How to Reopen a Beach: COVID19 Guide and Resource

Example from California

Safely restore access to our beaches

This guide and resource were developed so that Miami Beach and other municipalities can reopen their beaches safely after closures brought about by the Coronavirus (COVID19). It is relying on the experiences of “on the ground” enforcement staff, thought leaders for coastline access, and the cumulative experience of other places that have already reopened their beaches.

10 Guidelines for Reopening a Beach

  1. Limit Use

Passive uses should be avoided as they tend to gather crowds. Active use, such as exercise, is easy to differentiate from passive use. Prohibiting items that lend themselves to lounging, including chairs and blankets, can deter non-permitted usage. That being said, the beach is an area of meditation and wellness for many people. Passive uses should be planned for and implemented as soon as possible.

  1. Limit Access Points

Smaller numbers of access points allow for resources to be concentrated where they are most needed. Limited access points will allow visitors to be more easily monitored to ensure compliance and provides centralized places for education and signage. The reduction of parking will also limit access.

  1. Provide Onsite Education

Whatever rules are established will be new to visitors. They may not fully understand how to comply, or may not believe that compliance is in their best interest. Each interaction can be a teaching moment. Environmental education upon returning to our coasts would pay dividends!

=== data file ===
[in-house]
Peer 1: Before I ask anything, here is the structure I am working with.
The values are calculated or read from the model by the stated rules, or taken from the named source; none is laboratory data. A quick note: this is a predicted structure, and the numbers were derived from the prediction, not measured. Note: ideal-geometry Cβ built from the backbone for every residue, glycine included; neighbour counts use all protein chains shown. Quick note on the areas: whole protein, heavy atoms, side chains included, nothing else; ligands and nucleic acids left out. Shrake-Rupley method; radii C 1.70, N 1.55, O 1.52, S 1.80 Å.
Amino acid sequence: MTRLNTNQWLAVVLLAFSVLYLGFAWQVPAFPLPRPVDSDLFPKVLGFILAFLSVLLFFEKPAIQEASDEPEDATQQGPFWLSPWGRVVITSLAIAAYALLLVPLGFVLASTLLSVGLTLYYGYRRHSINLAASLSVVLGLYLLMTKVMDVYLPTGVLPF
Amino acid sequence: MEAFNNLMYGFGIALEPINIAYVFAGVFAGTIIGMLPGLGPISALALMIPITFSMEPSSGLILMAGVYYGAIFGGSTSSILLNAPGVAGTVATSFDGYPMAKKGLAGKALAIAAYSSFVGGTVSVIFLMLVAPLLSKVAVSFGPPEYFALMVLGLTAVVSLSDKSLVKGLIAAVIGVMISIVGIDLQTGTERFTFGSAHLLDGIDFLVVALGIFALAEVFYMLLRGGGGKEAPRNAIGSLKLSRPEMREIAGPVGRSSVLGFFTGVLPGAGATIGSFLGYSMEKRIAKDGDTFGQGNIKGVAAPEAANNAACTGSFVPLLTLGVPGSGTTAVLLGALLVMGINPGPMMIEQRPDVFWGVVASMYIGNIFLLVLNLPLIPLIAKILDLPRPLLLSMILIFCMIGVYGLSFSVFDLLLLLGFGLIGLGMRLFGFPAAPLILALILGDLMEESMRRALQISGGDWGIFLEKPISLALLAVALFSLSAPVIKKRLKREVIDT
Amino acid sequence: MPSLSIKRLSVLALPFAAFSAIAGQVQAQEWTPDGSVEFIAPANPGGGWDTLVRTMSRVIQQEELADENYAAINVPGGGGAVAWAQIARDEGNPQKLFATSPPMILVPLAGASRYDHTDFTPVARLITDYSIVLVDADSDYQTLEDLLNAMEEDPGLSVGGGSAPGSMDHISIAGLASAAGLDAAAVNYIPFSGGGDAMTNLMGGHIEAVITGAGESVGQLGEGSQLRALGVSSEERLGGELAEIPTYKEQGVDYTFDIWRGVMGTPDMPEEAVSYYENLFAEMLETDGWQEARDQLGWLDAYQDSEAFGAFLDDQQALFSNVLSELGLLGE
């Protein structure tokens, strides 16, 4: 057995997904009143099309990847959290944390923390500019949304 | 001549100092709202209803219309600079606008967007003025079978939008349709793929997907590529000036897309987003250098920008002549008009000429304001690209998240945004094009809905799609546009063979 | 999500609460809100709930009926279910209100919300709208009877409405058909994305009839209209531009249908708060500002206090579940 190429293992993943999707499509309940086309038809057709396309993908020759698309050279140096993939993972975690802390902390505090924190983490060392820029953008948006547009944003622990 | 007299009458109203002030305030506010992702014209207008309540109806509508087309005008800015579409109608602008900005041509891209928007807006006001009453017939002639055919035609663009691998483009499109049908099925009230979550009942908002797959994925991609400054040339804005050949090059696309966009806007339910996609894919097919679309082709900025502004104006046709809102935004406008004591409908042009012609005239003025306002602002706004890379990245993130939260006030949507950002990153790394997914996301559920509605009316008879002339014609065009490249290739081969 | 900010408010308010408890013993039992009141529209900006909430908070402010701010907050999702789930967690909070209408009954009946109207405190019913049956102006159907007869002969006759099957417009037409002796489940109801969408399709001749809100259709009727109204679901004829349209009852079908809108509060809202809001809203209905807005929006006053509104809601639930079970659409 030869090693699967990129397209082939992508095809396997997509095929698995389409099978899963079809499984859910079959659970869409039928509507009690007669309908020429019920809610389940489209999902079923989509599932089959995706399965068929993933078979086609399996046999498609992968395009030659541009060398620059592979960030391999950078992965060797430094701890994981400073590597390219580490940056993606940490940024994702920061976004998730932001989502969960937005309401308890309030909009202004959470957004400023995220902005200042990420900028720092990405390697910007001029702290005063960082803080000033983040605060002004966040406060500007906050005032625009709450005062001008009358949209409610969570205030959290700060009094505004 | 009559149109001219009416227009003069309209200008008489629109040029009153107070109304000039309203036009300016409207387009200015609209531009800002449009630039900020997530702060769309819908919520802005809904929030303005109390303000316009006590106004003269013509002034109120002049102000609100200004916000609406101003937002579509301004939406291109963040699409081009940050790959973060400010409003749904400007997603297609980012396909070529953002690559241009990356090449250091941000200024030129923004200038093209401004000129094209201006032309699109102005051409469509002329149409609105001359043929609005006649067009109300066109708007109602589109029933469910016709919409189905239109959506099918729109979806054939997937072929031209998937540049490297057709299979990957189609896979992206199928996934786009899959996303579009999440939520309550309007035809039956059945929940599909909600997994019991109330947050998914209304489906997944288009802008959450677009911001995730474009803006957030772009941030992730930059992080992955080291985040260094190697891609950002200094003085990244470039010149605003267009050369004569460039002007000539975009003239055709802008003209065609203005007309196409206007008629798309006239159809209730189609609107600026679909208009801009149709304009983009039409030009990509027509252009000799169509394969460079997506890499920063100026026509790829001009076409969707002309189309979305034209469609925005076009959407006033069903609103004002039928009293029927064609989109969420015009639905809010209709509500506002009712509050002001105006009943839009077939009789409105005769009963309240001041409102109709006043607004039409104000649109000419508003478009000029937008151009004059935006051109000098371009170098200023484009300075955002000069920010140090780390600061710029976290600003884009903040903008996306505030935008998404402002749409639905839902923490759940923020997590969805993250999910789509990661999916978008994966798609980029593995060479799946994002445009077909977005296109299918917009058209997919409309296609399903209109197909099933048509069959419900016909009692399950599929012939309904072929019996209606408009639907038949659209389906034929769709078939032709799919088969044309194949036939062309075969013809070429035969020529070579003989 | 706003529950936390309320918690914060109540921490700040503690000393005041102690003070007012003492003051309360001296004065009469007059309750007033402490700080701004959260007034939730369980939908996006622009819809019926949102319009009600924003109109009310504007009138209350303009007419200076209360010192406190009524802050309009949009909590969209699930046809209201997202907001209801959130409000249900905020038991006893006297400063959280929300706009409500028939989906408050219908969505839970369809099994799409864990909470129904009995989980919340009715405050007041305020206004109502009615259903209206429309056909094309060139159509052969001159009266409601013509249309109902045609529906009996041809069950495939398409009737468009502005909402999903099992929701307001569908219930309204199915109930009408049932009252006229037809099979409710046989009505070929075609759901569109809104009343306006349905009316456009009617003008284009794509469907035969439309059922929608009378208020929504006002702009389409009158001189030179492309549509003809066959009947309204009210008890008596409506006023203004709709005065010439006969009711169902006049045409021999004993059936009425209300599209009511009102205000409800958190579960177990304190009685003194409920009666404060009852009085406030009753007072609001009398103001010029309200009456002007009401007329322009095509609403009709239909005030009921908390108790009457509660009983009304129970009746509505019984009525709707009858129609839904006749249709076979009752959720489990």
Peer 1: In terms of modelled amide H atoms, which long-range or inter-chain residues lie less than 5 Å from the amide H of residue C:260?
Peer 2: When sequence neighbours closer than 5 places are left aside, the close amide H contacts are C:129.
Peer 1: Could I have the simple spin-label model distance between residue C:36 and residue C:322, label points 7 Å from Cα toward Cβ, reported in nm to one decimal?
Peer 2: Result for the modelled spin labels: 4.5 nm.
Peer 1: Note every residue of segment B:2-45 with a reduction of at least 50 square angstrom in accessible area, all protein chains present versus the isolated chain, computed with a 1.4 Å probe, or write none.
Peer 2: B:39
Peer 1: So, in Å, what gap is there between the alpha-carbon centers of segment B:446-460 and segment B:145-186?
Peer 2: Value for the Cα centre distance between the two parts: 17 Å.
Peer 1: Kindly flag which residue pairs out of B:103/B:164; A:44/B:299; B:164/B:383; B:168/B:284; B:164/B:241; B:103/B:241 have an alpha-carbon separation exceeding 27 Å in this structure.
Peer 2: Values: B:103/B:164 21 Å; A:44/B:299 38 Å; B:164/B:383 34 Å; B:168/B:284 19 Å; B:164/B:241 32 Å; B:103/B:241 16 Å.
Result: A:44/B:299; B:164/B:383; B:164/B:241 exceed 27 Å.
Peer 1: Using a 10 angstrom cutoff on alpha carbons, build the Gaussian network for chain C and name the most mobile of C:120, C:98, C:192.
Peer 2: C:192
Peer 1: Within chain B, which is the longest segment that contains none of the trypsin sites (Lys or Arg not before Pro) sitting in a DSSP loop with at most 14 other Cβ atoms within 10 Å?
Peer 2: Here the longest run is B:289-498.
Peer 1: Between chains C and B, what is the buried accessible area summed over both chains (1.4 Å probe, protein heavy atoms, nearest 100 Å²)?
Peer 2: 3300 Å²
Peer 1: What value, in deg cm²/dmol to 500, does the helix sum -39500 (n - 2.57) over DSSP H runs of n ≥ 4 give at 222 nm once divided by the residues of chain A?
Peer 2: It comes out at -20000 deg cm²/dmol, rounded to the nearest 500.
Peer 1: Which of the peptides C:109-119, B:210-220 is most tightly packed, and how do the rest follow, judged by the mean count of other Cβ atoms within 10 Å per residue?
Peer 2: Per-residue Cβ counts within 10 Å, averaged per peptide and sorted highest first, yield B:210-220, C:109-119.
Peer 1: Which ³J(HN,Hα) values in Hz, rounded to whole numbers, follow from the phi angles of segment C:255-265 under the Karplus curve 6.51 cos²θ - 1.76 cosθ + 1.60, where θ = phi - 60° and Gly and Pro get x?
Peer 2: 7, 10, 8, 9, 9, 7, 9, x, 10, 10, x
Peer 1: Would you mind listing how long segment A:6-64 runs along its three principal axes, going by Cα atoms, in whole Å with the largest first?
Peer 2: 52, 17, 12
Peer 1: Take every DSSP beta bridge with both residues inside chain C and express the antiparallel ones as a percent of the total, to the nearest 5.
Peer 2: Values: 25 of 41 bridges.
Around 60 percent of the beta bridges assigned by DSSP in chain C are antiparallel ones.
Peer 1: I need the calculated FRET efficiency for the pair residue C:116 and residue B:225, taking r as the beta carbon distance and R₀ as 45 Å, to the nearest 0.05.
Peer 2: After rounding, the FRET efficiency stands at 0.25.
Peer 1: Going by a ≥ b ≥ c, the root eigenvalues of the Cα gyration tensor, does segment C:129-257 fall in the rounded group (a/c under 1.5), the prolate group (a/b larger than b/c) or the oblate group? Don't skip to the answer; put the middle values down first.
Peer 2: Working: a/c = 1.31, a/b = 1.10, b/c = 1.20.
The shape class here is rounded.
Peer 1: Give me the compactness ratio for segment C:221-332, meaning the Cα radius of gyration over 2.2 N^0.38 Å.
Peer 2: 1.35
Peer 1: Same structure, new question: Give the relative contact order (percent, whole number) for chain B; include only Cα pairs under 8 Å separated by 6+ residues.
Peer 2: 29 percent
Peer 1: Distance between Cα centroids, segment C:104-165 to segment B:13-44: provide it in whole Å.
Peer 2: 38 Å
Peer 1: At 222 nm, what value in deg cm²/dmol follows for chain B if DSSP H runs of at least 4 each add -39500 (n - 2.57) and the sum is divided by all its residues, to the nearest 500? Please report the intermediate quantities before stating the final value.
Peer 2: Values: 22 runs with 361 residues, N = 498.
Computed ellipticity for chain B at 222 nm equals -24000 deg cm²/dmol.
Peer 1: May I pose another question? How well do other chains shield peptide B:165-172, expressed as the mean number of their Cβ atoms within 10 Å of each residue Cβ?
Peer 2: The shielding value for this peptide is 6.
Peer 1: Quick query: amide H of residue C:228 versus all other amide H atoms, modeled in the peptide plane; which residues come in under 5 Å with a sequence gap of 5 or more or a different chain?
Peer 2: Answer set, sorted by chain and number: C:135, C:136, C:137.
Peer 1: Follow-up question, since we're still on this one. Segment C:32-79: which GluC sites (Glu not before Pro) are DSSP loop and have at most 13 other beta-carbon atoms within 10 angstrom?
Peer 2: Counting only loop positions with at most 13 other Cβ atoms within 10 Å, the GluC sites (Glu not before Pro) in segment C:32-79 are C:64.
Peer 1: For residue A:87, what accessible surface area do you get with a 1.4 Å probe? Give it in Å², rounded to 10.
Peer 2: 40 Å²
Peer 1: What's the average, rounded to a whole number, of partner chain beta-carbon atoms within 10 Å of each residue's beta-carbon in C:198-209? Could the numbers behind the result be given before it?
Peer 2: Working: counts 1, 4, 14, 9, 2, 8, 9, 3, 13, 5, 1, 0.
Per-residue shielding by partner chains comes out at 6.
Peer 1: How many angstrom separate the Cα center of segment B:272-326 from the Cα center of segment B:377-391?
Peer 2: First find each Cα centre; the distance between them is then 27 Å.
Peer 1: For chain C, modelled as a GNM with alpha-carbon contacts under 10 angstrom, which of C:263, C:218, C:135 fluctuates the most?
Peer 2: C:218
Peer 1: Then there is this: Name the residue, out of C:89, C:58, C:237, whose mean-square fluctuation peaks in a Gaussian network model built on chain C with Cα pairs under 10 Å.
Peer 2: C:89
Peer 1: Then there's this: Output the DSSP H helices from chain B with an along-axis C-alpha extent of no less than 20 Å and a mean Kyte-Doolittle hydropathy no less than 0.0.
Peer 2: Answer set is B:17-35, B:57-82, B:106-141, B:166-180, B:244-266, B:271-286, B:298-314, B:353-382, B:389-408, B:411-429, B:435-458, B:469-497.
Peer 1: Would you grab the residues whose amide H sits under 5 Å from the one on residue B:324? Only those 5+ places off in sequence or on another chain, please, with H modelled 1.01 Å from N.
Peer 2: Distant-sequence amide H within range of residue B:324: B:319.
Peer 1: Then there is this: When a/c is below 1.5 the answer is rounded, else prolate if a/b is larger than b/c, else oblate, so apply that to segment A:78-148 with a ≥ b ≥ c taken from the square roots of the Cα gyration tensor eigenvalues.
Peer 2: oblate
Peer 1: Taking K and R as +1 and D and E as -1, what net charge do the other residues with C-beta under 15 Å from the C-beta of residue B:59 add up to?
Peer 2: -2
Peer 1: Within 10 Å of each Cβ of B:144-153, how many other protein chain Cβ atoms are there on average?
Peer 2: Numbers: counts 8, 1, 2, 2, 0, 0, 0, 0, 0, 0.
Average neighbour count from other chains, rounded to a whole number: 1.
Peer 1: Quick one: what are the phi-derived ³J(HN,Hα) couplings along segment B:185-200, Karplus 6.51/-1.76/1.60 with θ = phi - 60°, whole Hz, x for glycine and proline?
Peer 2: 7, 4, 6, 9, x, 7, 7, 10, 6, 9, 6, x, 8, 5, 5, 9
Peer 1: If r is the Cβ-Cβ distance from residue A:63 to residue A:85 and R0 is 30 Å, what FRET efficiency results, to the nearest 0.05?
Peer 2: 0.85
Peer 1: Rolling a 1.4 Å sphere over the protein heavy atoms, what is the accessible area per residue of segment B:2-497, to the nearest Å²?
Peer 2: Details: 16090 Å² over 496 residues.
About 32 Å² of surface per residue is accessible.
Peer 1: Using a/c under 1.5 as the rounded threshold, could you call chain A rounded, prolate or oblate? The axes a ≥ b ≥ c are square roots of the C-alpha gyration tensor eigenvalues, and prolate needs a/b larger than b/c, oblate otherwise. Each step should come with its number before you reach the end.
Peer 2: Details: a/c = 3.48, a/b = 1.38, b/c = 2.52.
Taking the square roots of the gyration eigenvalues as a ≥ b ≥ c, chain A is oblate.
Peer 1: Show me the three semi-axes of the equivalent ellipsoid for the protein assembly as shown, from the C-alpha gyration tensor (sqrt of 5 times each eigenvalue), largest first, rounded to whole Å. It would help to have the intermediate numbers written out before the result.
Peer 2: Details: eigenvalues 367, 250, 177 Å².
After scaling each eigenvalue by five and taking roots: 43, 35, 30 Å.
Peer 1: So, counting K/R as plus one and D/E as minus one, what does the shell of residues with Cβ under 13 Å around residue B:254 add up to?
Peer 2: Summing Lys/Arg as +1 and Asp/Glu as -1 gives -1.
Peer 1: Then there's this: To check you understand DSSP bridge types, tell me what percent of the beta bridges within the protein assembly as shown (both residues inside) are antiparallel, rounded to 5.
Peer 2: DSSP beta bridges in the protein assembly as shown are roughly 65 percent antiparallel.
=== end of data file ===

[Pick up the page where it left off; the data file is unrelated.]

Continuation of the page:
1. Limit Access Times

Usage is highly correlated to the time of day. If overcrowding is a potential factor, choosing to open for limited hours, during non-peak times can be a good way to mitigate risk.

  1. Open on a Non-Busy Day

The first day(s) of opening will likely see the largest number of visitors, so avoiding typically popular days like weekends will lessen the need for resources to provide education and ensure compliance. If changes or additions to the plan are necessary, they can be done ahead of peak usage.

  1. Maintain a Physical Enforcement Presence

In any group, there will be a small number of individuals that will eschew the rules if they feel that they can “get away with it.” A visible enforcement presence will lessen the likelihood of bad behavior.

  1. Have an overflow plan

It’s important to create a system of relief that can be enacted when enforcement and education need to be increased due to visitor demand in excess of supply.

  1. Make the rules easy to understand

Visitors are more likely to follow rules if they are presented in a clear and concise manner, void of ambiguity. Rules with many exceptions are harder to convey in a manner that results in compliance. 

  1. Communicate early and often

As soon as uses, access and rules are developed, it is best to convey them to the public so that learning can start ahead of openings. 

  1. Be empathetic

Visitors are under an enormous amount of stress. They should be welcomed to our public spaces and encouraged to follow the rules in a gentle, empathetic manner. If possible, provide ways for visitors to comply with rules, if they are unable. Eg: Provide facemasks.



HUGE thanks to the city employees that have provided us with insight about what’s happening day-to-day with education and enforcement related to the use of our public spaces after reopening. They shall remain anonymous but we’re ever-grateful for their feedback and service to the community!

Special thanks to Dr. Chad Nelsen, CEO of Surfrider Foundation for his input.